On April 10, 2012, the Royal Canadian Mint announced that they began circulation of their next generation of one-dollar “Common Loon” and two-dollar “Polar Bear” coins, minted at their facilities in Winnipeg, Manitoba. The coins replaced their paper counterparts in 1987 and 1996, respectively, and come on the heels of the announcement that the Canadian government will end production of the one-cent coins this year.
Both of the new designs will feature a laser mark micro-engraving, whereas the two-dollar coin will include edge lettering and a virtual image. With the exception of these additional security features, the new coins will have the same diameter and thickness as the current coins.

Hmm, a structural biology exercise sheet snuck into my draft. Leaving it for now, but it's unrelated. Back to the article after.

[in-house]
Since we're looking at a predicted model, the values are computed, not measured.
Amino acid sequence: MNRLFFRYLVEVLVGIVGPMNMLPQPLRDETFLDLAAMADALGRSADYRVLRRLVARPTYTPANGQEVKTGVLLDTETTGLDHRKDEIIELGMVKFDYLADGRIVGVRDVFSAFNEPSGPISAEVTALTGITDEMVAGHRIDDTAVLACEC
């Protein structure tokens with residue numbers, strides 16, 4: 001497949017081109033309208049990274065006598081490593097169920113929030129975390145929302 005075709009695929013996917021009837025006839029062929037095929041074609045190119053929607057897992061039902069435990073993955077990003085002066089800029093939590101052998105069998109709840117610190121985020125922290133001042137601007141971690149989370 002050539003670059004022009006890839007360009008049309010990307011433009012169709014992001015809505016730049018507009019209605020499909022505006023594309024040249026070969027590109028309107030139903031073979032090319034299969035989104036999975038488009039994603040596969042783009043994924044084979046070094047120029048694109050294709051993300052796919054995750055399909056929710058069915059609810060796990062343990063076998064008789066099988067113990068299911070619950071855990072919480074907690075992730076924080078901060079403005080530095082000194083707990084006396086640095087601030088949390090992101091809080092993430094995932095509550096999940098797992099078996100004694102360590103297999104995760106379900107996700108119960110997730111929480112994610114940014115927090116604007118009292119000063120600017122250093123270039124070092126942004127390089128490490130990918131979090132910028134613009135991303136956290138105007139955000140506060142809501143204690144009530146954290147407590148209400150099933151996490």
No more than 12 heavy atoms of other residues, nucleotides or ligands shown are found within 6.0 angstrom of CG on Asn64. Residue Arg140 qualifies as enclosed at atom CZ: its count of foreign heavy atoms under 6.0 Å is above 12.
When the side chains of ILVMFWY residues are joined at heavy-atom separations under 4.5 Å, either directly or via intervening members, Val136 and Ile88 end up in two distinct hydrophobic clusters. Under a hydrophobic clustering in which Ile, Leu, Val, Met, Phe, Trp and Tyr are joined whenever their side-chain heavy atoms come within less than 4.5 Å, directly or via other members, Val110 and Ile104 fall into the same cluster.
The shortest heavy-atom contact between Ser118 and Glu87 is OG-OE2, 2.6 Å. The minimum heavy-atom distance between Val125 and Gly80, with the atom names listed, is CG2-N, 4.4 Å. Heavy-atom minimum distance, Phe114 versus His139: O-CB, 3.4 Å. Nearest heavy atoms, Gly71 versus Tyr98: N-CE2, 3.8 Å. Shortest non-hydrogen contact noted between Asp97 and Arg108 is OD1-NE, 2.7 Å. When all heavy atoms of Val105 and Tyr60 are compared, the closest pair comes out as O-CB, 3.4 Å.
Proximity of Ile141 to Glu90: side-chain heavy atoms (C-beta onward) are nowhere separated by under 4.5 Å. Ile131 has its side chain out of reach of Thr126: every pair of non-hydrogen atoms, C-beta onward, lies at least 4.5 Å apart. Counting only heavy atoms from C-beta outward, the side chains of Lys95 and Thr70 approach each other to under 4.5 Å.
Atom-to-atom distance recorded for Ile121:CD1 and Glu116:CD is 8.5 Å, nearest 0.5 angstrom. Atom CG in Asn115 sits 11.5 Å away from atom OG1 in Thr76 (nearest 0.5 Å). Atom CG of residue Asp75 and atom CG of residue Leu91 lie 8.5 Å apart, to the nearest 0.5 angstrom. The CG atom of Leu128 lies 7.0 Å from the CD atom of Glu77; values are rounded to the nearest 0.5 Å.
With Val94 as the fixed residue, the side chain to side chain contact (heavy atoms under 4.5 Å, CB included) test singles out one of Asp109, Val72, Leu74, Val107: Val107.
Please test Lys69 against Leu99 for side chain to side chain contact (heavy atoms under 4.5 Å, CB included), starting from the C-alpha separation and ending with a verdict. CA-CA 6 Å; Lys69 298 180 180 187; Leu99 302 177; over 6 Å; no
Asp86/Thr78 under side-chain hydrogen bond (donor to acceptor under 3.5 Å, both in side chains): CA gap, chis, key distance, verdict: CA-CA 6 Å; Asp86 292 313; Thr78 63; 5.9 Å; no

The actual coins are minted using the same patented multi-ply plated steel (MPPS) technology from which Canada’s lower denomination circulation coins have been made since 2001. By using a steel core plated with alternating layers of copper, nickel and brass, their manufacturing process employs far less metals than alloy coins and produces highly cost-effective circulation coins. This technique also allows for the fine-tune control of the electromagnetic signature of the coins, a fact that is key to the RCM’s production of coins for other countries seeking cost containment, security, and high quality.